Flexible Testing Capacities Mobile Laboratory Containers: Moving Fast When the Virus Strikes
Massive requirement for new testing capacity: The coronavirus pandemic has shown that the ability to respond rapidly is crucial in combating such exceptional situations. With its mobile laboratory containers, Waldner has developed a solution for handling demand peaks.
Wangen/Germany — Laboratories are complex working environments. They contain large numbers of devices and often have demanding structural requirements, as they are supposed to provide the highest level of safety for the laboratory staff. In addition, R&D laboratories in particular are an area that should allow employees the freedom to work as creatively as possible in research, without forcing them into pre-ordained procedures. In laboratories that monitor production, on the other hand, the work is clearly defined, and it is important to process samples efficiently and in as structured a manner as possible. Examples of the latter are not limited to industry; clinical laboratories where patient samples are analyzed also belong to this type. But what happens when, as in recent months, the volume of samples increases exponentially because thousands of coronavirus samples have to be analyzed each day? The capacity of the existing laboratory infrastructure can only be increased to a limited extent. To cope with such work peaks, Waldner has developed a mobile laboratory that can be quickly put into operation to significantly increase analytical capacity. This article explains how it works.
Turnkey Test Labs Can Add Capacity Quickly
The mobile laboratory is housed in a container. This means it can be transported quickly and easily to any location in the world and set up there. All it needs is a flat surface or floor plate and connection options for electricity, (waste) water, and optionally a data connection. Everything can be connected in a few simple steps. For example, the test lab could be placed in the car park in front of a hospital without much effort.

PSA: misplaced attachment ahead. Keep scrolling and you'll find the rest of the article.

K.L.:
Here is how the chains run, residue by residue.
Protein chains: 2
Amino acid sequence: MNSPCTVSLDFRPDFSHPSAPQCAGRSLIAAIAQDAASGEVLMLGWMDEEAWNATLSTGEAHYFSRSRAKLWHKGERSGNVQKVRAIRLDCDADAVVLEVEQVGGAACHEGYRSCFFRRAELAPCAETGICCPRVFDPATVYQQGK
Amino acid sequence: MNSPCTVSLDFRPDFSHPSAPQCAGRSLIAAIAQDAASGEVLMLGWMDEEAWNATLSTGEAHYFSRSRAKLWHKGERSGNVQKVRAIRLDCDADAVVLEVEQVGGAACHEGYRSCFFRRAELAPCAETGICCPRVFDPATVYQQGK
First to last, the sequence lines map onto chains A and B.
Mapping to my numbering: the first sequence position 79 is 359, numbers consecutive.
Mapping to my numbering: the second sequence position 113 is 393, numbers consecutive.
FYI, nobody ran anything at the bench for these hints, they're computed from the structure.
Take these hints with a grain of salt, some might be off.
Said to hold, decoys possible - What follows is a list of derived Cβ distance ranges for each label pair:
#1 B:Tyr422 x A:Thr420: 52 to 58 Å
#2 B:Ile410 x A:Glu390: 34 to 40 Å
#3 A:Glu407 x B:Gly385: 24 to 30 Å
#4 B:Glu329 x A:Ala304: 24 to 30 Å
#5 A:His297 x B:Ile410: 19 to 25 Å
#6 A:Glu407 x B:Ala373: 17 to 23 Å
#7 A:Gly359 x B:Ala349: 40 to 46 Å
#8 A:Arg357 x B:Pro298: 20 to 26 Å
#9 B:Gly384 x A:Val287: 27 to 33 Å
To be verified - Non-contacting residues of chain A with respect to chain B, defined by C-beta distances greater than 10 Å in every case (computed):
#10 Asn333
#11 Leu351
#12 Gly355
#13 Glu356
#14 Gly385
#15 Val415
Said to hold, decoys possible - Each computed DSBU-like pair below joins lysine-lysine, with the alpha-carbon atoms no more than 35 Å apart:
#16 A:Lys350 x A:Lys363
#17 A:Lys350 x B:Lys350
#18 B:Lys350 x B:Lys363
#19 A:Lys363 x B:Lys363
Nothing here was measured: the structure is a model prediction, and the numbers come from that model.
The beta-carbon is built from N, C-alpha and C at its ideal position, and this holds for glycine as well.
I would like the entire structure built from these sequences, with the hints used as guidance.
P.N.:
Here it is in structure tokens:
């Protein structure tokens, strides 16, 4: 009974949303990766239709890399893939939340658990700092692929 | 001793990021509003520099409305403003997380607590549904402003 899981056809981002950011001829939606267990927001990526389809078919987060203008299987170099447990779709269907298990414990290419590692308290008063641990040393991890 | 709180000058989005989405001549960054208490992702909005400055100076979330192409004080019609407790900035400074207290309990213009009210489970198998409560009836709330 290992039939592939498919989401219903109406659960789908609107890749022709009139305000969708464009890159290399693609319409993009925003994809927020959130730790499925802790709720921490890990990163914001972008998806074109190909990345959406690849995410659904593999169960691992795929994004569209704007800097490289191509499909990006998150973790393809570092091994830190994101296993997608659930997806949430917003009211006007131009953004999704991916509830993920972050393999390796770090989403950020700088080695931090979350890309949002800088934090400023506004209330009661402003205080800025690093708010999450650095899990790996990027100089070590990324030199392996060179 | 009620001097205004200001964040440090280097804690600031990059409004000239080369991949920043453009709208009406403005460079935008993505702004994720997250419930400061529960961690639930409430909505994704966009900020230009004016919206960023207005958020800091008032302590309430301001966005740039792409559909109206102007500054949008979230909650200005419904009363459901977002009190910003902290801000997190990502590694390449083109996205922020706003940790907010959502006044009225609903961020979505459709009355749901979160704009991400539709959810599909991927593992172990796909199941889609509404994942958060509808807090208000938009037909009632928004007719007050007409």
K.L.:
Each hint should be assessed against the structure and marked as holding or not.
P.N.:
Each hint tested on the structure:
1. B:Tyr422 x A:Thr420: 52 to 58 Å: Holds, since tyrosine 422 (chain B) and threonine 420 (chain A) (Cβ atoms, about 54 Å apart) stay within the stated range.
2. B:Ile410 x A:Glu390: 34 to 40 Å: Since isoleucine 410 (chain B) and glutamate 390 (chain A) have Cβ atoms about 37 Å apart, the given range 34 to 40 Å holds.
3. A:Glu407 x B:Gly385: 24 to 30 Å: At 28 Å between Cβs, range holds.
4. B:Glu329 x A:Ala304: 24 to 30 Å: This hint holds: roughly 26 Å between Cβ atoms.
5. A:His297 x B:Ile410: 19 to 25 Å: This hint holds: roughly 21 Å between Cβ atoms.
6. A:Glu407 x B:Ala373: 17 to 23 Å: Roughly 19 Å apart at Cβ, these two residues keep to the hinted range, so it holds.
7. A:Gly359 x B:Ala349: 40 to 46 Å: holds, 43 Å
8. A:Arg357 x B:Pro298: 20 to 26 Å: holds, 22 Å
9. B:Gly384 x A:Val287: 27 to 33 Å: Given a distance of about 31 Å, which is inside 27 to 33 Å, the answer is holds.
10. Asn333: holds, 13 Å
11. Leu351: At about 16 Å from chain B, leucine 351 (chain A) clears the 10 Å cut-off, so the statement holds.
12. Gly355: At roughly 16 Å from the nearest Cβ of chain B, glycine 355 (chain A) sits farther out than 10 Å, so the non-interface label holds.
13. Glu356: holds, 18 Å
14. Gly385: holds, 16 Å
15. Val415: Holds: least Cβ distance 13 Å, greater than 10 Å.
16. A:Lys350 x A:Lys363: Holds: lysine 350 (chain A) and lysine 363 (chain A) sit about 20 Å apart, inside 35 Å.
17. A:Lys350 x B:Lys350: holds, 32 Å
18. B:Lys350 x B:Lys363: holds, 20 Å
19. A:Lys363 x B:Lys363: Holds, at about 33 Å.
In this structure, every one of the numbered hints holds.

The laboratory may be mobile but it is in no way inferior to a standard test lab: It is a fully functional microbiological and diagnostic laboratory in a very small space (36 m2). It has sufficient cooling and freezing capacity for the intermediate storage of samples, for example allowing around 4000 coronavirus tests to be carried out per day. The principles are the same whether the unit is a single coronavirus test container or a multi-million-dollar project to create a mobile research laboratory, and the new lab can be made ready for operation in a very short time.
Figure 1 shows an example of a project consisting of several containers. Waldner designed this container lab with Class 2 biological protection (BSL-2). It complies with the guidelines of the WHO, the US Centers for Disease Control and Prevention (CDC), the Robert Koch Institute (RKI) in Berlin and the German TRBA 100 (Technical Rules for Biological Agents). This also fulfils the requirements for any necessary national certification/accreditation. The requirements of local health authorities can be implemented accordingly.
High Test Throughput In a Compact Lab Space
The Waldner experts developed the container lab within four weeks, working with one partner for laboratory container construction and another for the laboratory processes. These mobile laboratories have now been in use several times worldwide. In Luxembourg, for example, the population has been tested for coronavirus every fortnight since June 2020 in a nationwide test campaign. The background for this testing strategy was that the coronavirus had spread particularly strongly in this small country at that time, and that large-scale testing could identify asymptomatic virus carriers, allowing contacts to be traced and infection chains interrupted. Up to 20,000 tests a day were carried out in 17 mobile and fixed testing stations, one of which was the Waldner mobile laboratory.
Mobile Test Labs Are In Demand Worldwide
Of course, the use of mobile labs is not limited to coronavirus testing. Especially in regions where healthcare systems are not well developed, such solutions help public health experts react quickly to local disease outbreaks or ensure better overall health care for the population. That the concept is right is shown by the talks Waldner employees have had with representatives of health systems in numerous countries, the WHO, NGOs, and organizations such as the Bill and Melinda Gates Foundation. The mobile test lab is in demand. In addition to municipalities from Germany and Europe, African countries have already signed up, as have countries in Central and South America, China, India, Myanmar and the Philippines.